Victorian Premier Daniel Andrews
Victorian Premier Daniel Andrews in a file photo. According to his government, the Crimes Amendment (Sexual Offences) Bill 2016 modifies 'more than 50 offences' Darrian Traynor/Getty Images

Exposing bare buttocks in public is now officially outlawed in the south-eastern state of Victoria in Australia. Popularly known as "mooning", the offence was earlier punishable under other laws.

The Crimes Amendment (Sexual Offences) Act 2016 modifies"more than 50 offences". It will also add a clause into section 17 of the Summary Offences Act 1966, which covers "obscene, indecent, threatening language and behaviour etc. in public".

And, with the inclusion of the new section, the Act will mention that "behaviour that is indecent offensive or insulting includes behaviour that involves a person exposing (to any extent) the person's anal or genital region."

The legislation by the Daniel Andrews-led government includes updating previous laws to include internet and online behaviour.

Under the new law, first time offenders can be punished with a $1550 (£1193.86) fine or a two-month jail term, while repeat offenders can have to face up to $3875 or six months in jail.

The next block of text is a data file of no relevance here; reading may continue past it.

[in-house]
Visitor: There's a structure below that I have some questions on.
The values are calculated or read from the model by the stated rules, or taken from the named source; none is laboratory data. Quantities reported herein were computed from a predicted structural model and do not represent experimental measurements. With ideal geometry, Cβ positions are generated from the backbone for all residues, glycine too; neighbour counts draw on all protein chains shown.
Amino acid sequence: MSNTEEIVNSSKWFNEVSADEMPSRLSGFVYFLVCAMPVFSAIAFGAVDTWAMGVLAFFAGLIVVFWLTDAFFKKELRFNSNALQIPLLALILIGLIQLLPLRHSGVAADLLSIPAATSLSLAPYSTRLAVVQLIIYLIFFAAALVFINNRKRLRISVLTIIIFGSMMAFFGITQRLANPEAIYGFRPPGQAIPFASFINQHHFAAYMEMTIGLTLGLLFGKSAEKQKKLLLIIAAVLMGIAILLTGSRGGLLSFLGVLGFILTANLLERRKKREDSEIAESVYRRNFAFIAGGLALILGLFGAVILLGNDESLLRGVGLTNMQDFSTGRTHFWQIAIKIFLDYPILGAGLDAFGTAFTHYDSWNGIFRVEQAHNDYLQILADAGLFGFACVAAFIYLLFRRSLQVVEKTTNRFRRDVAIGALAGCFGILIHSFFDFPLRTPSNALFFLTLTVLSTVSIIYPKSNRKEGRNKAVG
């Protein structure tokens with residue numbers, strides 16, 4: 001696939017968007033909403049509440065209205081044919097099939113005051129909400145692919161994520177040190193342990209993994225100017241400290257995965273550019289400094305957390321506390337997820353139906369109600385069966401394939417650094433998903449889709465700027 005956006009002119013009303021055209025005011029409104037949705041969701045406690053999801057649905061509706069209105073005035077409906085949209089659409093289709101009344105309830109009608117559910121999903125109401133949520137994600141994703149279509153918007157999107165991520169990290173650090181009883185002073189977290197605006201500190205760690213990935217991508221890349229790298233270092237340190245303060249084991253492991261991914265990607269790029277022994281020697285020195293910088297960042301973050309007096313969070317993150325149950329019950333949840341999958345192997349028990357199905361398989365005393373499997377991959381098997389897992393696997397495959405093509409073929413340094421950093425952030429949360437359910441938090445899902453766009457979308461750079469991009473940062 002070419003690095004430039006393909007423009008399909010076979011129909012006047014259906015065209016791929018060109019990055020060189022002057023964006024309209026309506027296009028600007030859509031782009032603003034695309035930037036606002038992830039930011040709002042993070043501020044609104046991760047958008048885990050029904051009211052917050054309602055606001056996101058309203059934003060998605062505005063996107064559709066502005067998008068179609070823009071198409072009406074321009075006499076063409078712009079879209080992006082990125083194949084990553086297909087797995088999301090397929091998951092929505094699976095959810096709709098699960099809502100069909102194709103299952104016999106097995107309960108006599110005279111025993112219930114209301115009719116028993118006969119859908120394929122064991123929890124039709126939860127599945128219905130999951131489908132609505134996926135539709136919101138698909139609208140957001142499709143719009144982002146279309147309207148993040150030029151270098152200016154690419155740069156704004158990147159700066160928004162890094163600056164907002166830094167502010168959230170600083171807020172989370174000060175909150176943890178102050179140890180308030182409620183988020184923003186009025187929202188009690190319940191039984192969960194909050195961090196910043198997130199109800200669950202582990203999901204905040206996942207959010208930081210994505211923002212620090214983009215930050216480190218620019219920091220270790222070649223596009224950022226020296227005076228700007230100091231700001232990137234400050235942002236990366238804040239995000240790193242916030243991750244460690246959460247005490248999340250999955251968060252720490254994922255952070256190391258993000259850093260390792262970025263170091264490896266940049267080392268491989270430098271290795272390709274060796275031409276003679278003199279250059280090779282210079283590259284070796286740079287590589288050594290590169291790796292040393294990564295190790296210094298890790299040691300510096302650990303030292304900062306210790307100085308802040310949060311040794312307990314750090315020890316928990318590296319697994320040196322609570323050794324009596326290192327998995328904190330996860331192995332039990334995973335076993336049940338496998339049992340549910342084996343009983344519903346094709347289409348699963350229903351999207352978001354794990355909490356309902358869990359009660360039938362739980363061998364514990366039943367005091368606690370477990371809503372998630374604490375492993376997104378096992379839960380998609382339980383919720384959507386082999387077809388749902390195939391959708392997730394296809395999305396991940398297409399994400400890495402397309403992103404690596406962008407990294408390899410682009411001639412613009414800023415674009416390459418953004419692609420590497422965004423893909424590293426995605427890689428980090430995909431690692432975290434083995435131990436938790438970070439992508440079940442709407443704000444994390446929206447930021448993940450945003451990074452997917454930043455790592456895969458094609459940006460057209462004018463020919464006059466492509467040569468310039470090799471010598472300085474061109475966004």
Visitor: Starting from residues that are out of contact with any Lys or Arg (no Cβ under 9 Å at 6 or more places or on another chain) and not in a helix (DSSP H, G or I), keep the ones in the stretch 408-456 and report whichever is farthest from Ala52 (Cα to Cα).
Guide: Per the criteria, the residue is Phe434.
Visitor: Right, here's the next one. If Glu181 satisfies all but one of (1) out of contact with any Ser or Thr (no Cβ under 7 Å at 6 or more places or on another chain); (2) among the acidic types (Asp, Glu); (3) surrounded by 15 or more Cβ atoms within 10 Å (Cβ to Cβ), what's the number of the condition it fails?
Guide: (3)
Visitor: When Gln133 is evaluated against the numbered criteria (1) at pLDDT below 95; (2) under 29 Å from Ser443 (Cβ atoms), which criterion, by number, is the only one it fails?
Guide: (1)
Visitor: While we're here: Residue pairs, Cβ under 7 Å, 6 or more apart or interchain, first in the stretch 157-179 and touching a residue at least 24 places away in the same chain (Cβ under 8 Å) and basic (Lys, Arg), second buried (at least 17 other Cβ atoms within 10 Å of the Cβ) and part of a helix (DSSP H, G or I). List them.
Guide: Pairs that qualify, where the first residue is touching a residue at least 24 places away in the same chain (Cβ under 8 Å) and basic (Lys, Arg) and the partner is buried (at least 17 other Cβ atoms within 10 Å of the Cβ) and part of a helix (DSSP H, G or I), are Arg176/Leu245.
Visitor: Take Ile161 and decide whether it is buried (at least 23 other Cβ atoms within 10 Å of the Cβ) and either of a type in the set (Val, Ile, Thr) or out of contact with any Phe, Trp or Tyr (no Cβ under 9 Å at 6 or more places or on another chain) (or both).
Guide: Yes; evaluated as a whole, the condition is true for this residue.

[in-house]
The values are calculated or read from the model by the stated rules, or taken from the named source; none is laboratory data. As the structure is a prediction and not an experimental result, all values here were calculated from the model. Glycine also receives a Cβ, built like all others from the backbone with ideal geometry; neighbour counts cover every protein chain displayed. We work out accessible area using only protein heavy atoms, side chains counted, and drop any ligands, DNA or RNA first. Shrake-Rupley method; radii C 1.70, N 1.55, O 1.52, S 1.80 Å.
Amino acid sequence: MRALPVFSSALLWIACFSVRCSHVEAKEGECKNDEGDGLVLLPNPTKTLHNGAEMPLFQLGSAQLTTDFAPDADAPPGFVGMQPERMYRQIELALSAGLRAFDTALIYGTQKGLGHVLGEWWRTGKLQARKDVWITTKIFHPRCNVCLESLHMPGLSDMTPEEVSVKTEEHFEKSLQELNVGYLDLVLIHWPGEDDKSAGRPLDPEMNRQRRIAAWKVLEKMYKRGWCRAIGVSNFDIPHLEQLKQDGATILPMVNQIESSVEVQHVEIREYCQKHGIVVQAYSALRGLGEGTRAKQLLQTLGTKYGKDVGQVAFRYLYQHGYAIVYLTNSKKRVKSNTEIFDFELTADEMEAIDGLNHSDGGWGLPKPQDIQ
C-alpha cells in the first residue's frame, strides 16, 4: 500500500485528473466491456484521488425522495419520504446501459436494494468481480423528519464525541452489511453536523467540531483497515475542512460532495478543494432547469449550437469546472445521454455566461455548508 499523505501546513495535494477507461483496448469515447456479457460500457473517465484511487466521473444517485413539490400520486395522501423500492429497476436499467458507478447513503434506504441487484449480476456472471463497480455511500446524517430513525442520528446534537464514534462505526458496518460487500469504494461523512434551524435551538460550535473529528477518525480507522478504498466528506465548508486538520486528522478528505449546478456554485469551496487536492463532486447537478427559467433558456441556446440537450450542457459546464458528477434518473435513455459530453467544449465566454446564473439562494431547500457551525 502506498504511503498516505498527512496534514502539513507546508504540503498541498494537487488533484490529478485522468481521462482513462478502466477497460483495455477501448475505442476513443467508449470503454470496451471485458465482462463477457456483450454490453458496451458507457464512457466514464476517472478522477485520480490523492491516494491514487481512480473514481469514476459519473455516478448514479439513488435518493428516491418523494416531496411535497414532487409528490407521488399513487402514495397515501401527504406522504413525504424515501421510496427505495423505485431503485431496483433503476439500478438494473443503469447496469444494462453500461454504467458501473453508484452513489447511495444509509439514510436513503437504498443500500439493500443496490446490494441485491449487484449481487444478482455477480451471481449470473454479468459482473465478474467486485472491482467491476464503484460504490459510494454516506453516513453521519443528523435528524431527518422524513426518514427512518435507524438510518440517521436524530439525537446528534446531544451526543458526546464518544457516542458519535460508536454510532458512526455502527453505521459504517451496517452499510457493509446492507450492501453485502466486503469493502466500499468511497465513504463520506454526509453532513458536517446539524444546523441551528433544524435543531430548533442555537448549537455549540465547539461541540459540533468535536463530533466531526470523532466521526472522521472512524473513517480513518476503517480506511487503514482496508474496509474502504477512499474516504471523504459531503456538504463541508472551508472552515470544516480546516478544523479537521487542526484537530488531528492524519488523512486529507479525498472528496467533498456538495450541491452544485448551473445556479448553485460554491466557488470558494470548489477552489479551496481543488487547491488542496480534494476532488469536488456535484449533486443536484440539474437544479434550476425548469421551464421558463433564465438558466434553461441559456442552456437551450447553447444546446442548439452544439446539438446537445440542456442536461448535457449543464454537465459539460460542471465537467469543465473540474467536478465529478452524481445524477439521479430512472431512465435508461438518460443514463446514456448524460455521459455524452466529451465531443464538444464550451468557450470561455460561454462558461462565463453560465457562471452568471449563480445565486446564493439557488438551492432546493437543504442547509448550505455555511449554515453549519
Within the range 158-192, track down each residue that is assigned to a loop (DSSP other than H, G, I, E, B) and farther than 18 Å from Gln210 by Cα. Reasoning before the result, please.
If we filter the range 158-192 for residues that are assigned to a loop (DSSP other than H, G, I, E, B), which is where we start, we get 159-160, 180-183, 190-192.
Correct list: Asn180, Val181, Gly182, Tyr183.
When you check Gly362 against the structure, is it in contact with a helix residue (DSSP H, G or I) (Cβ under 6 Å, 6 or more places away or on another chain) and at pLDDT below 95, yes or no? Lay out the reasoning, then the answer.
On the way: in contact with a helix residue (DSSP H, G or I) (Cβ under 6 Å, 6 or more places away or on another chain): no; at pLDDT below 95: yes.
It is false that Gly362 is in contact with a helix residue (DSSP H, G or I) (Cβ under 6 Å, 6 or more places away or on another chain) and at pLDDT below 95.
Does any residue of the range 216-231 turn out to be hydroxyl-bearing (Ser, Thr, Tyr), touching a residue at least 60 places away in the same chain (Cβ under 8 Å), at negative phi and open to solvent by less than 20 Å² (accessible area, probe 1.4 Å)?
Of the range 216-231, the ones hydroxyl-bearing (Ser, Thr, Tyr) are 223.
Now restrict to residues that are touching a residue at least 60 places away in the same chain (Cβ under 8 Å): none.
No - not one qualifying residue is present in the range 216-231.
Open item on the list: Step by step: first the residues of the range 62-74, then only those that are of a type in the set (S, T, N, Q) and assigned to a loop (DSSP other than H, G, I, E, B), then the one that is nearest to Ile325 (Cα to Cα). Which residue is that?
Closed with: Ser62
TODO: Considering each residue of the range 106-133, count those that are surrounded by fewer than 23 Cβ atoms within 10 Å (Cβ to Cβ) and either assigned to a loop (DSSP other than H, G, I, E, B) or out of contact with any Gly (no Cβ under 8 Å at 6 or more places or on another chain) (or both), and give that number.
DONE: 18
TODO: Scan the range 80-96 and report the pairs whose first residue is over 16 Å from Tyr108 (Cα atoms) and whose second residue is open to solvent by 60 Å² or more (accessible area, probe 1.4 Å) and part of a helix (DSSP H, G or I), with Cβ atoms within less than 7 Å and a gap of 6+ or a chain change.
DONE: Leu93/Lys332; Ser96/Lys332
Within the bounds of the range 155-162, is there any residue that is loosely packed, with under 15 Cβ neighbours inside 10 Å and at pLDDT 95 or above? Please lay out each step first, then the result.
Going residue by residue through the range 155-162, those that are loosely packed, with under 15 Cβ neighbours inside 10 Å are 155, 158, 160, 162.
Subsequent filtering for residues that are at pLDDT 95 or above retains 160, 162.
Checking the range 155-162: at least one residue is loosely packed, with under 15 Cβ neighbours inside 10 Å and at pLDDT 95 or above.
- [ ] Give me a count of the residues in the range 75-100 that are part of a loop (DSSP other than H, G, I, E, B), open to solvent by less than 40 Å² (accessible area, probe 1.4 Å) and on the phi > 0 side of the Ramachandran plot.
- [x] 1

A spokeswoman for the Attorney-General, Martin Pakula, said: "The conduct of mooning or streaking is already an offence under section 17 of the Summary Offences Act 1966, where it is indecent or offensive and in a public place. The recent amendments (which have not yet commenced) simply give examples indicating that mooning or streaking in a public place can be indecent or offensive.

"These amendments contrast with those to the offence of 'indecent exposure' in section 19 of the Summary Offences Act, which will be replaced by a new offence of 'sexual exposure'. This means that the Summary Offences Act will more clearly differentiate between 'sexual' exposure, such as flashing (section 19), and 'offensive or indecent' exposure - such as mooning on a public bus, or streaking at a sporting event (section 17)."

Moreover, it was reported that the new legislation also criminalises singing "an obscene song or ballad" and behaving in a "riotous, indecent, offensive or insulting manner".